Tuesday, November 24, 2009

So Close, But Still So Far..............

I was really beginning to scare myself, wondering how I would ever finish NaNoWriMo. I actually spent five days where I didn't write at all. (Family emergency, but everything going well, now) Falling so far behind, I was sure I would have to give up. Now, that isn't something that sits well with me. My pride gets in the way. I can handle rejection and still persevere, but when I lose, because of my own doing, because I threw in the towel. No, No, that's not happening.
I am still a 1000 words or so behind, and may fall behind again on Thanksgiving Day. However, I am determined to finish; and finish, I will.
This wonderful post from Rochelle Melander, the Write Now! Coach, and my self- determination will take me across the finish line. Thank you, Rochelle!

Pay Yourself First
by Rochelle Melander

You have to pay yourself first. You can’t let other things get in your way.
—James O’Shaughnessy

Nine days and less than 15,000 words away from finishing my first National Novel Writing Month Challenge, I woke startled. In the passion of the race, I had totally forgotten about two editing projects that I needed to finish by the end of the month. And, oh yeah, there was Thanksgiving thrown in there, too. How would I write 15,000 words and edit nearly 40,000 more words in a single week? I sighed, shrugged off the covers, and slunk downstairs for coffee.

Then I remembered the famous financial wisdom that I’d been repeating to writing and life coaching clients for years: “Pay yourself first.” Financial gurus encourage us to sock away a bit of money in savings and retirement accounts before paying the bills. The only way I would succeed at National Novel Writing Month was to follow this wise advice: pay myself first. I would need to give my first or best moments of each day to writing.

The poet William Stafford was known to be an early morning writer. He would write each day between 4 and 7 AM, when the world was quiet. Stafford's daughter Barbara once spoke about getting up early, too, to spend time with her father. The poet did not discourage her but got up earlier and earlier to preserve his writing time. Stafford said this about his morning practice in his essay, A Way of Writing:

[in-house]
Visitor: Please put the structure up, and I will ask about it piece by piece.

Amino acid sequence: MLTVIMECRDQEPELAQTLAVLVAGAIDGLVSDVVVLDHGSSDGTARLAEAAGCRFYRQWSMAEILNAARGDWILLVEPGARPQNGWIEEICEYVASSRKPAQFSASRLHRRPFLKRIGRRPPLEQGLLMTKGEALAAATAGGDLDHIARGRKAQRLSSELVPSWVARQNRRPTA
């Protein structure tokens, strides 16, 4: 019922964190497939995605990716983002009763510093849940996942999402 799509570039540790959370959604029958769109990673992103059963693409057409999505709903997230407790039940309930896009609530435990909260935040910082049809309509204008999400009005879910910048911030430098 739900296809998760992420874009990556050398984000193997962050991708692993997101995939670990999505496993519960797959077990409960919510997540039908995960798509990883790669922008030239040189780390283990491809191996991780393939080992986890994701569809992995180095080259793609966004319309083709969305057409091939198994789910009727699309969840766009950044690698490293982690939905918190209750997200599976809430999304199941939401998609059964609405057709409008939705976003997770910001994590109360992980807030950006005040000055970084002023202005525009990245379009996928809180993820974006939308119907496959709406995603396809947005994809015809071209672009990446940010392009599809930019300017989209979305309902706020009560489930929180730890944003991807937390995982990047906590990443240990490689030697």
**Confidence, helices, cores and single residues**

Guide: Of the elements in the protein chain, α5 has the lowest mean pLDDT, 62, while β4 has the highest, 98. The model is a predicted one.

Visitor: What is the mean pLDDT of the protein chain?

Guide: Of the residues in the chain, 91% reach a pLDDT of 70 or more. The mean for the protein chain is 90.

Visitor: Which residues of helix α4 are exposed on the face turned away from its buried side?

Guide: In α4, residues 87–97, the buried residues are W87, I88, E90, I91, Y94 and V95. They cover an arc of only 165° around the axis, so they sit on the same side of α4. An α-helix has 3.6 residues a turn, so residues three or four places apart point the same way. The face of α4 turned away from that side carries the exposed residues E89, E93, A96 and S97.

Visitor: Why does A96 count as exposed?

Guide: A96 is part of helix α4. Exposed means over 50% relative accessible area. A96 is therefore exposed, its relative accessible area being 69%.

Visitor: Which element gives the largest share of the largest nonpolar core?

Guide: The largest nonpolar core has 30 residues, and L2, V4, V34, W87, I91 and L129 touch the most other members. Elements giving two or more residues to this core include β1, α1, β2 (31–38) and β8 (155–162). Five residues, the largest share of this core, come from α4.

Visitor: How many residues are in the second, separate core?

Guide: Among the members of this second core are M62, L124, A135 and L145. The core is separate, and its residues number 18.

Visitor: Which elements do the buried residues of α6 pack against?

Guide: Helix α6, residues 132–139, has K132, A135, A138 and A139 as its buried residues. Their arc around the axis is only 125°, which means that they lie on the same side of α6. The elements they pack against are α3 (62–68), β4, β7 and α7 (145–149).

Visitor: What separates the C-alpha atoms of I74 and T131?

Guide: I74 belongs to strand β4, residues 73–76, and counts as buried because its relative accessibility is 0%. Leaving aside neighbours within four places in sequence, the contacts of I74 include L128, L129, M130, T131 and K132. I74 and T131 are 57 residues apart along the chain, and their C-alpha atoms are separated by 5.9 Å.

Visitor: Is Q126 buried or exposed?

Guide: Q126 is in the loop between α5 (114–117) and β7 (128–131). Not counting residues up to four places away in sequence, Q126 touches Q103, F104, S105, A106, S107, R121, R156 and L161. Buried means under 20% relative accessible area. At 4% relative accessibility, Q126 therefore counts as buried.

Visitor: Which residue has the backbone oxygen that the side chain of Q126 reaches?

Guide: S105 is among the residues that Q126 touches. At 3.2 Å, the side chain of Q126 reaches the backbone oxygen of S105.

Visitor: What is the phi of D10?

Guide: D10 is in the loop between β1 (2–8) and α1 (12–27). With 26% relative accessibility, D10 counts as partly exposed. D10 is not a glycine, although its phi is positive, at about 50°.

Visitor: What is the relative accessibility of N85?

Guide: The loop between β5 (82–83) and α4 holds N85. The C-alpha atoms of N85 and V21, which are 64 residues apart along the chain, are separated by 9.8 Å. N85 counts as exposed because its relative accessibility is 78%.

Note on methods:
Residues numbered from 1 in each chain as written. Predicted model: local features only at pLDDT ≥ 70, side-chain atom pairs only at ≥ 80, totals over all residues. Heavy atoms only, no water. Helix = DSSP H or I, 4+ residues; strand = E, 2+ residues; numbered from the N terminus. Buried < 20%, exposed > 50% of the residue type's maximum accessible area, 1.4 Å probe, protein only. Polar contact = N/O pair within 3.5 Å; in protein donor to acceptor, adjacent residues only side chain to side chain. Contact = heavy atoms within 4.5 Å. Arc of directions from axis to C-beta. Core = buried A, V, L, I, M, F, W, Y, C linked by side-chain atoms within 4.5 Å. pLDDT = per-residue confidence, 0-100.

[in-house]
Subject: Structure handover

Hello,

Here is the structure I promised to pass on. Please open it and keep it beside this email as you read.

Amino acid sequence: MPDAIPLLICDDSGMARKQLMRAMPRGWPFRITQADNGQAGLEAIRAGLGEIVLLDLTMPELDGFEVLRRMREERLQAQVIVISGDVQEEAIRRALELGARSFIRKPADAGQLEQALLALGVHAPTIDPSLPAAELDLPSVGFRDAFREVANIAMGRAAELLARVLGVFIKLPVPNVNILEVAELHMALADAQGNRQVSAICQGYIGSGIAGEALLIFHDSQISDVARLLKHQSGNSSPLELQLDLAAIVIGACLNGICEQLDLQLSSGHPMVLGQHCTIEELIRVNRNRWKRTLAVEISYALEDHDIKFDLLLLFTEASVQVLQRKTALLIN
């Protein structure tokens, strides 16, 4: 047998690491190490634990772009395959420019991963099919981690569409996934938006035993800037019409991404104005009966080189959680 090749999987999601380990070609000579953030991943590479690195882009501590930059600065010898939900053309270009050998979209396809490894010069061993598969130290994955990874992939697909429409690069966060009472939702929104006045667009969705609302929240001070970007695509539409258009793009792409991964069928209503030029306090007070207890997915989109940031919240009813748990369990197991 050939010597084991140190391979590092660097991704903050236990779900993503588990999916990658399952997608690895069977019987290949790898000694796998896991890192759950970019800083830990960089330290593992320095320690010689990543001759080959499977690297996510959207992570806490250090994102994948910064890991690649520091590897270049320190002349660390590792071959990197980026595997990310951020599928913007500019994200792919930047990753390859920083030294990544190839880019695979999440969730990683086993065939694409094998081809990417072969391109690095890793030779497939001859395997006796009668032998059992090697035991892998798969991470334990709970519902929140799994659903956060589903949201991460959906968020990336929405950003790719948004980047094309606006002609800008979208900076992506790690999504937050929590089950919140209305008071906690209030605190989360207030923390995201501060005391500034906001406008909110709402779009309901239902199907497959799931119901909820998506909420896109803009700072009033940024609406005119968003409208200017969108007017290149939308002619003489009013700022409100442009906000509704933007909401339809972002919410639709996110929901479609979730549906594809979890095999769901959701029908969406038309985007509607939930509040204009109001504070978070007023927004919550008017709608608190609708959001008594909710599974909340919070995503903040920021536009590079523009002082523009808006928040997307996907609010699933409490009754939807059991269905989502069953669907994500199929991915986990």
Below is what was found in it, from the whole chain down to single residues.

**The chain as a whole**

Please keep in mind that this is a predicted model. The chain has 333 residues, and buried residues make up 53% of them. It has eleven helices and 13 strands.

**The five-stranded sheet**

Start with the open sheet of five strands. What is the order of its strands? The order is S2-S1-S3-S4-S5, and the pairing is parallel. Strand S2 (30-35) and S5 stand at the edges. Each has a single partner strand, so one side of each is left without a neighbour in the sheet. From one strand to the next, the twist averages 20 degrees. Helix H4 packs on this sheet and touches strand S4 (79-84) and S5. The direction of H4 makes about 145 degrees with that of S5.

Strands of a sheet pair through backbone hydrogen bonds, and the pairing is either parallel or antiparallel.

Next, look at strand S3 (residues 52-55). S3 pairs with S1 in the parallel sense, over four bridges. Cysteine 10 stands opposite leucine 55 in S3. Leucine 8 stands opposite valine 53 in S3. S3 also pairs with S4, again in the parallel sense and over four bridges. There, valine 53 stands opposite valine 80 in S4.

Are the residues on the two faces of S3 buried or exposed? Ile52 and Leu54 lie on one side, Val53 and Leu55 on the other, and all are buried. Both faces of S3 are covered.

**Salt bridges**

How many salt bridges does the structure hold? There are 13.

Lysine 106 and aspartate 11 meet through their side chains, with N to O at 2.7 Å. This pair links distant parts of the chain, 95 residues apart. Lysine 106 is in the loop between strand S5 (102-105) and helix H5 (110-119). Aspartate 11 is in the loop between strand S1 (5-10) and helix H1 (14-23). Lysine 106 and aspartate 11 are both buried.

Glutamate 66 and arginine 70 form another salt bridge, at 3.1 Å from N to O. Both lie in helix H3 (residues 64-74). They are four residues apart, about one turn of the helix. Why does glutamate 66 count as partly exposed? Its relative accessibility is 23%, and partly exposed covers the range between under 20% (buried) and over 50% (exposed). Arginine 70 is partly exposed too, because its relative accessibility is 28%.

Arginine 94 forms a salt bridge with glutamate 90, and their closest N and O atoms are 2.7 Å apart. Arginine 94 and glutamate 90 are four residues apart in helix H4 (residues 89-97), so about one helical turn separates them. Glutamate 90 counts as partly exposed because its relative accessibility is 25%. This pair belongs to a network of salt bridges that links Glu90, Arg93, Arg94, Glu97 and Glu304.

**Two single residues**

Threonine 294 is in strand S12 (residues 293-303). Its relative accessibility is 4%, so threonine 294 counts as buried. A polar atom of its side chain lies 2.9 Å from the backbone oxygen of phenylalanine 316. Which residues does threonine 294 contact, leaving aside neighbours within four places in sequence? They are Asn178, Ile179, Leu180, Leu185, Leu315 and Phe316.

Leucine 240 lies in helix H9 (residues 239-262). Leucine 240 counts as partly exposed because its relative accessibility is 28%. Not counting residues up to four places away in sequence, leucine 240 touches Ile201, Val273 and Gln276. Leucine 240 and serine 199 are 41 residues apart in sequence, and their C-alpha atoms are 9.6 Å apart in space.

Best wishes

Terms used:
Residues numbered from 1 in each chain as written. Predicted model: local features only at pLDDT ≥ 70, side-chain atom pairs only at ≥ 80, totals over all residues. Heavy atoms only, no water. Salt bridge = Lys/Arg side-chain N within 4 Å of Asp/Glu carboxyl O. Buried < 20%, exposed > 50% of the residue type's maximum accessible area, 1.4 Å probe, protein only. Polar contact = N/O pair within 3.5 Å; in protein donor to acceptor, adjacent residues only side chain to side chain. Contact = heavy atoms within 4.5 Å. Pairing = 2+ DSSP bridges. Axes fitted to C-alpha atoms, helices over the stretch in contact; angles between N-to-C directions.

When I write, I like to have an interval before me when I am not likely to be interrupted. For me, this means usually the early morning, before others are awake. I get pen and paper, take a glance out of the window (often it is dark out there), and wait. It is like fishing. But I do not wait very long, for there is always a nibble--and this is where receptivity comes in. To get started I will accept anything that occurs to me.

I have also found that the first hours of the day lend themselves best to writing. Before I check email or phone messages, before my children tug at my sleeve for food and lunch money, before the demands of the day come calling, I am at my desk writing. Once I have my time in, I can go about the day without angst.

Counting today, you have seven days left on this writing adventure. But even if you are not doing the NaNoWriMo challenge, you are a writer. You have dreams, goals, and projects waiting to be completed. All I can say to you is this: keep at it. Do not let it go. Hold onto your dream, and pay yourself first. You do not have to write for many hours each day. Just give your first or your best minutes of the day to your creative work.

Write Now! Coach Rochelle Melander supports people in writing to transform their lives and businesses. If you’re ready to establish credibility, make more money, and market your work by writing a book, blog, or Web site, get your free subscription to her Write Now! Tips Ezine at http://www.writenowcoach.com

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